Interdisciplinary. Community. Advocacy. Humor.
Not having posted for four weeks, you'd be forgiven for thinking I'd dropped off the face of the earth, but I was just having an extended Christmas holiday and settling back into work again. I didn't feel inclined to do a retrospective of the year gone by and I've a horrible feeling that next Christmas I may not feel like doing a retrospective then. In short, I'm somewhat lacking in global optimism just now.
That as may be, things here are going along as normal.
Back to work again. The only thing that happened this week - apart from my usual teaching and colleagues suffering from colds, flu and sprained ankles - was a short intermediate show by the Level 5 BA Jewellery and Related Products students, where they had to make work out of really non-traditional materials.
|Work by Xiao Yang. Eggshell, spices, wool.|
|Work by Effy Ma. Bread, sugar, plaster, pigment.|
|Work by Tilly Wright.|
This weekend I was back at The Herbert on what seems to have been the first day of winter as I had to scrape snow and ice off the car for the first time. It warmed up to a wet, cold day:
I was teaching a workshop on precious-jewellery making and in a mere six hours (well, six and a half: we over-ran a bit), the participants made silver rings set with moss-agate. Everyone finished them but most still had to polish them up at home.
There is another next week on using found objects.
This workshop was part of the Craftspace "Made in the Middle" show which is currently at The Herbert and you will recall that I wrote about the opening of this show before, here.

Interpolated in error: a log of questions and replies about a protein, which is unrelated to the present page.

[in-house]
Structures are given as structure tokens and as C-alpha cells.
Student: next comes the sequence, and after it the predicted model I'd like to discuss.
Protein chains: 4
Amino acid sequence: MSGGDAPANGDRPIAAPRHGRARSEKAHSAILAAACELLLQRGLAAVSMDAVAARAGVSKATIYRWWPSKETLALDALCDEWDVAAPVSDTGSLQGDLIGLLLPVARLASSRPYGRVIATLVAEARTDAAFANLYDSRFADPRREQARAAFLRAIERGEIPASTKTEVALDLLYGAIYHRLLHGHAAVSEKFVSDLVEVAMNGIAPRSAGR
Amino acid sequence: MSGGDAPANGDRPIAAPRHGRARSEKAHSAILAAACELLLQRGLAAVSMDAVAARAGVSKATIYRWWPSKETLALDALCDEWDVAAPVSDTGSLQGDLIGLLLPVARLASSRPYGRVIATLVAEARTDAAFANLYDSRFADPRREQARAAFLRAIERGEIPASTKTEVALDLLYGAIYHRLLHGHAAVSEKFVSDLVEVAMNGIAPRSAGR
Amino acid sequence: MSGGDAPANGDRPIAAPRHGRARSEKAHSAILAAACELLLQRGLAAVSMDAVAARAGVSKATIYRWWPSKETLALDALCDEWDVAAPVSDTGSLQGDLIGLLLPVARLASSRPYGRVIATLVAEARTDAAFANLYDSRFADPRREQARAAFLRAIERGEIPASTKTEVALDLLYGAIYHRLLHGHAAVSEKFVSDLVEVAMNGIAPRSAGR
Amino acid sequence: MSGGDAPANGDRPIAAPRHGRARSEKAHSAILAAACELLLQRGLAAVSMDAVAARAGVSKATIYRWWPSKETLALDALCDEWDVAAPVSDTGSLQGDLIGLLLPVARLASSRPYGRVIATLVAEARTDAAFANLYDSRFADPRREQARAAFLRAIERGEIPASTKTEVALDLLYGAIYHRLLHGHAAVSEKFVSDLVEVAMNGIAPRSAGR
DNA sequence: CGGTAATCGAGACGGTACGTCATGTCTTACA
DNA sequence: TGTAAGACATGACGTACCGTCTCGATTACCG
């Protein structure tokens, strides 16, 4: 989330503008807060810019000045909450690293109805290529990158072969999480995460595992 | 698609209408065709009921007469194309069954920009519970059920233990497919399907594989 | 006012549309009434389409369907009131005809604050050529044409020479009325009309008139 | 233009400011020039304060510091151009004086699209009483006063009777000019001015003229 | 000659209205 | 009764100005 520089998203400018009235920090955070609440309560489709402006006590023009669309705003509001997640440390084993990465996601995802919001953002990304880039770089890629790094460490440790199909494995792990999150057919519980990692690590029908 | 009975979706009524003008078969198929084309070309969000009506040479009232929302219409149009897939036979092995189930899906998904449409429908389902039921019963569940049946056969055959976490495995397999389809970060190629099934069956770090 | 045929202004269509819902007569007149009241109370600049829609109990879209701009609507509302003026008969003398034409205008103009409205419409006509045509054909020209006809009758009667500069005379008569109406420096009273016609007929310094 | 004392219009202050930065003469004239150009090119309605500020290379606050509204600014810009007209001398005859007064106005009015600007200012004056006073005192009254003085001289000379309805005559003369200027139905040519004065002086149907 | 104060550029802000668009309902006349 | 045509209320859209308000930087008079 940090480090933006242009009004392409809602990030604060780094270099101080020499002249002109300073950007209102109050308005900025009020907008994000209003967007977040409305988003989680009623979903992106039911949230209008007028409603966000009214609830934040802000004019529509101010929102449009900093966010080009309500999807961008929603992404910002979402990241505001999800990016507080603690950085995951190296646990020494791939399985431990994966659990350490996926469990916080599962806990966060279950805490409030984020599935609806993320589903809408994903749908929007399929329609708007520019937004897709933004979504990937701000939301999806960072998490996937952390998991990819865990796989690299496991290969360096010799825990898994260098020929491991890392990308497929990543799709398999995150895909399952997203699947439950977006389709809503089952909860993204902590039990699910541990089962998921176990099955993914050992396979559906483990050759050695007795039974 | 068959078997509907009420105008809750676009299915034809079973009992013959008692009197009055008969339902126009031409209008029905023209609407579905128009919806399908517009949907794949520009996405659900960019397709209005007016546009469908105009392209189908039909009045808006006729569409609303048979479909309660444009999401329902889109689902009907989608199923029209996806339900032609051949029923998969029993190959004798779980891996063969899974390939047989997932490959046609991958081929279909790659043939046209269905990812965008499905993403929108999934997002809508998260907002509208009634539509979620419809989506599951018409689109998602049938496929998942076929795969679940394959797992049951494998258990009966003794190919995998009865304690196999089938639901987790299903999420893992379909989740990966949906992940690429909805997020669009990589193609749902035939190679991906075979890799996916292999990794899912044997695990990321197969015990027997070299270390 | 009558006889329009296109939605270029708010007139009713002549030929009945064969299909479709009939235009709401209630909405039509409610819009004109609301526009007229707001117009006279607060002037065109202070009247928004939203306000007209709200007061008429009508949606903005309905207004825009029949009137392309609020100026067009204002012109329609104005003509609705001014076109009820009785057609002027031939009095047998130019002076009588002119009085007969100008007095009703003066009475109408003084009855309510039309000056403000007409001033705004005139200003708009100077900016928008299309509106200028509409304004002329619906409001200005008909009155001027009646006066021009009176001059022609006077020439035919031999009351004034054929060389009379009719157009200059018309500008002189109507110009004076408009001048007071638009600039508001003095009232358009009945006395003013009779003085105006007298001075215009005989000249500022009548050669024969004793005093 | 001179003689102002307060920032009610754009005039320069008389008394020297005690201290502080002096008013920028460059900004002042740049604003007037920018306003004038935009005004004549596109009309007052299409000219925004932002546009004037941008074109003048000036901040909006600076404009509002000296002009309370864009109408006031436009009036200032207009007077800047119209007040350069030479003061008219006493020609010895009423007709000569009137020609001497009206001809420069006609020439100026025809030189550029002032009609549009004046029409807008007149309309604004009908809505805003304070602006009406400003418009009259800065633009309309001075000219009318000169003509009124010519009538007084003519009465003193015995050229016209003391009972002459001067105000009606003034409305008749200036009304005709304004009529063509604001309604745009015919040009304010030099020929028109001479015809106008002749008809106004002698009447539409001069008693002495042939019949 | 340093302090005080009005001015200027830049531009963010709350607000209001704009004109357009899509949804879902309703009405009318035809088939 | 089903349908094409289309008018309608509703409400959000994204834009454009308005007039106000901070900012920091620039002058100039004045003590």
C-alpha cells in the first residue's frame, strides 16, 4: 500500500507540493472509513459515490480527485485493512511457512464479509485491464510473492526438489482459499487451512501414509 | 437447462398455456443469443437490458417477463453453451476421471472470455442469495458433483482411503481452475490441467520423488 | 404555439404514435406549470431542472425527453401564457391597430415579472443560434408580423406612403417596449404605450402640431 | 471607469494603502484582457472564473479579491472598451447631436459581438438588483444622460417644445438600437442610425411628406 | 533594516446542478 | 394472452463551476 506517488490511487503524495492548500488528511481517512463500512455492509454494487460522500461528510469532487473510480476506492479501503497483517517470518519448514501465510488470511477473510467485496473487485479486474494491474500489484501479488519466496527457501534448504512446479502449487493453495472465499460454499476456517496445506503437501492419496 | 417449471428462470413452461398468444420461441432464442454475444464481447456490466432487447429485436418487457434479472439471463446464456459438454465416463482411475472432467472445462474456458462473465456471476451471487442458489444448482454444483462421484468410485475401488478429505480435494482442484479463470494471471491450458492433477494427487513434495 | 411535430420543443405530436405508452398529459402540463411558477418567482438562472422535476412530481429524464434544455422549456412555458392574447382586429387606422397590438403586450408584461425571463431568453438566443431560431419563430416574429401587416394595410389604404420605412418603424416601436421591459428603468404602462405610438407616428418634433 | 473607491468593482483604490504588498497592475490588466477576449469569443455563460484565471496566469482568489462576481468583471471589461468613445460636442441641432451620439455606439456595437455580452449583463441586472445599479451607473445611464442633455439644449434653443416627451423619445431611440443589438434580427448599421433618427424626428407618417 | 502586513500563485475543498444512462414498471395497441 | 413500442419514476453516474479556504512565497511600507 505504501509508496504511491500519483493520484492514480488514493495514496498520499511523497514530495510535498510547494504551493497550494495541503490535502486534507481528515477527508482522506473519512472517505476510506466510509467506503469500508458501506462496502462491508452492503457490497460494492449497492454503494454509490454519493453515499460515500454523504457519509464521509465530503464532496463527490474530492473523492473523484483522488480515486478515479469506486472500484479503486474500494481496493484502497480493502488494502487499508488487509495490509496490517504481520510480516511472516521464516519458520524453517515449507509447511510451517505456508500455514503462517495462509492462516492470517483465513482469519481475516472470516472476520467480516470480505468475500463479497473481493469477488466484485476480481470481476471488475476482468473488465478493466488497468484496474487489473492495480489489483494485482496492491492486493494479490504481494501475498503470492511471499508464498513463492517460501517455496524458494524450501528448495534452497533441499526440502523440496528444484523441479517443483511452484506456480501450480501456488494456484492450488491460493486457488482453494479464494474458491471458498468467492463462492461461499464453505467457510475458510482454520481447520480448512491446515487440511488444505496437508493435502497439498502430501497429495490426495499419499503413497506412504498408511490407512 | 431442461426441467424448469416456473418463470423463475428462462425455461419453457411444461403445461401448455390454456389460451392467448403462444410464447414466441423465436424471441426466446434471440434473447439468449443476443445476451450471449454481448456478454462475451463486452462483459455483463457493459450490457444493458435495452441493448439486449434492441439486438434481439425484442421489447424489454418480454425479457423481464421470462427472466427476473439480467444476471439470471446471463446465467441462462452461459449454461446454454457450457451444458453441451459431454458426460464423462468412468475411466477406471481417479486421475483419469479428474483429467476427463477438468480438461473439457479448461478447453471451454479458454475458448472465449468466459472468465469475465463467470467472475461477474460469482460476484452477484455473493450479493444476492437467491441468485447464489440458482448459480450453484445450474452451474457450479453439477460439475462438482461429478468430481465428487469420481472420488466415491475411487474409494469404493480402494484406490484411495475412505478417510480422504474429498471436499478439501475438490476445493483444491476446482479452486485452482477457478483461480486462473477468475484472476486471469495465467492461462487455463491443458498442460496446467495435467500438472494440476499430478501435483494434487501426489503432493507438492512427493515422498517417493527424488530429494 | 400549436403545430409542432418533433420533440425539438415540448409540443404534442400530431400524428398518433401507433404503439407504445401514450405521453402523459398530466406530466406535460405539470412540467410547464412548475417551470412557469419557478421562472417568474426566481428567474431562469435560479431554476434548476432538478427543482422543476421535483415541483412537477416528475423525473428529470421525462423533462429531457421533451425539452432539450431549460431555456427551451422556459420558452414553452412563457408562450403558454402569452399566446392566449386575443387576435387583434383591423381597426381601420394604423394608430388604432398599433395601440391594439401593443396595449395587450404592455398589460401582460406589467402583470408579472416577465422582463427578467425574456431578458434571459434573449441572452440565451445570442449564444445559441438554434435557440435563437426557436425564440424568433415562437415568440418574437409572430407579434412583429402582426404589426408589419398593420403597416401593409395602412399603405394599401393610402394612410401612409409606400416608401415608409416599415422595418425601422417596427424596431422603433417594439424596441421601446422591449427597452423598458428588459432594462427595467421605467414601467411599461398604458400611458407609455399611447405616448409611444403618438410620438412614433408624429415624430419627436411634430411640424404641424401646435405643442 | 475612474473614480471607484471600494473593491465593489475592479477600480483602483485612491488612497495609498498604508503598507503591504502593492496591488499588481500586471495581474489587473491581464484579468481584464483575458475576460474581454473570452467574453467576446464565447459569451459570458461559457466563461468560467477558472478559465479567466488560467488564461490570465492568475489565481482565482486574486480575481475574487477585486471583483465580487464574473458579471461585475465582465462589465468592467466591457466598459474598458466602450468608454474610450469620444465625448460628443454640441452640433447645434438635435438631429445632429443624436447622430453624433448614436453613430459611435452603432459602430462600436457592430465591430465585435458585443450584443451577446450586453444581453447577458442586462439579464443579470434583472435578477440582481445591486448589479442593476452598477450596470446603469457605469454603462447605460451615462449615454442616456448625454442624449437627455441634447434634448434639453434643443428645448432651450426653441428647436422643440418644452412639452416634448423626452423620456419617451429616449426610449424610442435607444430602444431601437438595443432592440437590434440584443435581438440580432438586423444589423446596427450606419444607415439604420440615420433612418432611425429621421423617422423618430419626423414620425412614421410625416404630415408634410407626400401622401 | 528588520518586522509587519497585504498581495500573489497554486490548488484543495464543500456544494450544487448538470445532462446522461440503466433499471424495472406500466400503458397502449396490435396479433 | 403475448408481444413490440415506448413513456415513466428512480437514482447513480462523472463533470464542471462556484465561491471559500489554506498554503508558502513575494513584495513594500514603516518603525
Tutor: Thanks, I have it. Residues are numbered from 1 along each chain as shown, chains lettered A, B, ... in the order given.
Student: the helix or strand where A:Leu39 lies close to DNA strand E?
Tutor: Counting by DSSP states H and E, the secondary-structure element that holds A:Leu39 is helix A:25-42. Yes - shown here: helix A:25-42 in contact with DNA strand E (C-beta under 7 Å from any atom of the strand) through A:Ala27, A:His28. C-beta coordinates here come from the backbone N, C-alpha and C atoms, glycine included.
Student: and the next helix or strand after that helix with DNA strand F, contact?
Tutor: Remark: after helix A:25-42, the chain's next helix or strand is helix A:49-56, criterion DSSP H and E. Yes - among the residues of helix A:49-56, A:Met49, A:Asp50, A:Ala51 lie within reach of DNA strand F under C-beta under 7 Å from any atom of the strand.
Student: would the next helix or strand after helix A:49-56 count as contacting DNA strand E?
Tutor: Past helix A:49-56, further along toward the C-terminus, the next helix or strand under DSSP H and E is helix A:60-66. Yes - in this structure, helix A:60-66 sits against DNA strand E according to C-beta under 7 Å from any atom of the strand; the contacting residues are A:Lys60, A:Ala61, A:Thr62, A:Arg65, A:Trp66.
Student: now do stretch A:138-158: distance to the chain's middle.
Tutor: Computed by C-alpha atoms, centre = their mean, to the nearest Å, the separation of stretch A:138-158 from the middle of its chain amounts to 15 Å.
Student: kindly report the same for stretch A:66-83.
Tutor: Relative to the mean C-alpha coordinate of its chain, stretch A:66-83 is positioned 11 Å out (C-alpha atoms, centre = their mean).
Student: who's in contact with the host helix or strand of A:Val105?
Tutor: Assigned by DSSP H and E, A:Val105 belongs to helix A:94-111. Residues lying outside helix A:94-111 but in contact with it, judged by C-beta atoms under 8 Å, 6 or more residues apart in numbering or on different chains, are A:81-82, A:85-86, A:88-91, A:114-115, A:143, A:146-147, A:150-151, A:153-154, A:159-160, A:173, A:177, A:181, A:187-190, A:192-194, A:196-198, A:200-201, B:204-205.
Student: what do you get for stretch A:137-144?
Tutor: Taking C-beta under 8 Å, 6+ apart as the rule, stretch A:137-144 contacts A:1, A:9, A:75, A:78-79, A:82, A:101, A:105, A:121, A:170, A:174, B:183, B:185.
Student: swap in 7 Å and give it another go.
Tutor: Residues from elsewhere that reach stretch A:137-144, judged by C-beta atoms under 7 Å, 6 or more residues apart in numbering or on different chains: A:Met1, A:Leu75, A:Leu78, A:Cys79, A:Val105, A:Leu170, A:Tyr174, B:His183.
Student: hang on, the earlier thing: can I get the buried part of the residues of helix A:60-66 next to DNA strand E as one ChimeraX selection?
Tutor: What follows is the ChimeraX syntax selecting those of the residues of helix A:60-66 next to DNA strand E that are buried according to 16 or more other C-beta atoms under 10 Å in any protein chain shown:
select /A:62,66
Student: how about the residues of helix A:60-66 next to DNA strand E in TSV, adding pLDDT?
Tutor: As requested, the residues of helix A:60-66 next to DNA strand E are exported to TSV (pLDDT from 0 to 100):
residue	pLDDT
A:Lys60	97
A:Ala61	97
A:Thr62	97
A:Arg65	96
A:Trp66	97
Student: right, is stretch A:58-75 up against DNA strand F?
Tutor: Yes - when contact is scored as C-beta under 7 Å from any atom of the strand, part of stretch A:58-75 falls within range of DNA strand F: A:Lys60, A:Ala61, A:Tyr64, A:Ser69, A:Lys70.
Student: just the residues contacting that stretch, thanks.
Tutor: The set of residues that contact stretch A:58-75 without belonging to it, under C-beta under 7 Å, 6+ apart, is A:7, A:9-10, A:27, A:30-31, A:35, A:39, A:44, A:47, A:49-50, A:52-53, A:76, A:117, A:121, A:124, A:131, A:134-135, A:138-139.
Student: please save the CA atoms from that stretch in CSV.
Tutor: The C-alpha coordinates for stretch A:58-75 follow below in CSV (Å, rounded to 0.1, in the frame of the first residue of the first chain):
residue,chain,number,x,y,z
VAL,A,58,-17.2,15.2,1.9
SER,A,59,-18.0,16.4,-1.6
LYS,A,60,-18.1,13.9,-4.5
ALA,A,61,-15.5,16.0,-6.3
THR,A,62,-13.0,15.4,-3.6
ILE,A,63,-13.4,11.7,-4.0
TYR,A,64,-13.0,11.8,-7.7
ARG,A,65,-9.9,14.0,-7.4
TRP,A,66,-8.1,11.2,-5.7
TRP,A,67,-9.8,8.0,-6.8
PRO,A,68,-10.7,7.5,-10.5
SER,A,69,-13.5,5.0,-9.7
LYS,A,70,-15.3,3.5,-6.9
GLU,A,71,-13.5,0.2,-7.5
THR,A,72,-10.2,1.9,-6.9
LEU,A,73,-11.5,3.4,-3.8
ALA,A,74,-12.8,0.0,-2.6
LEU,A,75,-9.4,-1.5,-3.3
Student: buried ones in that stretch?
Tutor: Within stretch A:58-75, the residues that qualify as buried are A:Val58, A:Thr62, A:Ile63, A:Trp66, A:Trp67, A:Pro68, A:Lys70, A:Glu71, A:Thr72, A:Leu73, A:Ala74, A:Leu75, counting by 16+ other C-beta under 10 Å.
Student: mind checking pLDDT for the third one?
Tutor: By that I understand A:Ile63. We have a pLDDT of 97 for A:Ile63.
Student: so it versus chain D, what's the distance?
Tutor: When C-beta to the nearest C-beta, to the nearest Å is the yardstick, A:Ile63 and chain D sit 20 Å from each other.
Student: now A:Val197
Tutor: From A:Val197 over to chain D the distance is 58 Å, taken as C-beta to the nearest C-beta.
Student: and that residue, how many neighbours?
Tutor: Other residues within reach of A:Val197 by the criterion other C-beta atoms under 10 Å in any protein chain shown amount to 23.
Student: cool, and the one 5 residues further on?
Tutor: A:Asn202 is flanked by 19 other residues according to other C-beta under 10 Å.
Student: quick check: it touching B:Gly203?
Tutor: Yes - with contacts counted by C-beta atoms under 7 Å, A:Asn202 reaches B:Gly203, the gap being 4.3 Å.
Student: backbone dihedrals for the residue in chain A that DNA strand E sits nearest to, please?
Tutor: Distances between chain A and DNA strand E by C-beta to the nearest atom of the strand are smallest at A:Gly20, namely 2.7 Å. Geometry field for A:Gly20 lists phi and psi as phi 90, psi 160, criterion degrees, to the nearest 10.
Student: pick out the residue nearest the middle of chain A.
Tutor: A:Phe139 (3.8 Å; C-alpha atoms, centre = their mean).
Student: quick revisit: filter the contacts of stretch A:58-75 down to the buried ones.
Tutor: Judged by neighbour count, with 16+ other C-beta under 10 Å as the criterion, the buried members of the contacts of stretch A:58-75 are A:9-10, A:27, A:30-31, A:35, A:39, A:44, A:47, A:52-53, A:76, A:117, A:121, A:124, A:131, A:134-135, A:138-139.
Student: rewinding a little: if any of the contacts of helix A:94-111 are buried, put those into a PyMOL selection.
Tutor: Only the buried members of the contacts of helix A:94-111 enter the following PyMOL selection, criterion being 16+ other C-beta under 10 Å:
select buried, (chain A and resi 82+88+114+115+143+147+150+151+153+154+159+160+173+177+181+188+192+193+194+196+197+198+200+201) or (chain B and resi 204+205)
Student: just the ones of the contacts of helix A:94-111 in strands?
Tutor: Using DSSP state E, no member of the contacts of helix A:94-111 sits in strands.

As part of the show, I've put a piece into the handling collection:
Rather amusingly, this was returned to me this week for reconstruction as someone felt that the nail element was too sharp to be handled safely!
'Elf and safety, innit?!
Songs used to be just "songs" and anyone could perform them. Over the holiday, Dingo pointed out that at some point the concept of "covers" came along but we couldn't work out when this happened. It may have been at the point when performers started to write and be identified with their own material but it isn't really clear. When Thelonious Monk "performs" Duke Ellington's 'Mood Indigo', we don't think less of him; when Chrissie Hynde "covers" Radiohead's 'Creep', there it is viewed as something second-rate, inauthentic, unoriginal. It seems to me that the important thing is that the "cover" brings something new to the material, exactly as musicians always have.
A minor digression to introduce a fantastic performance of a fantastic original! Nostalgia 77's soul version of White Stripe's 'Seven Nation Army'.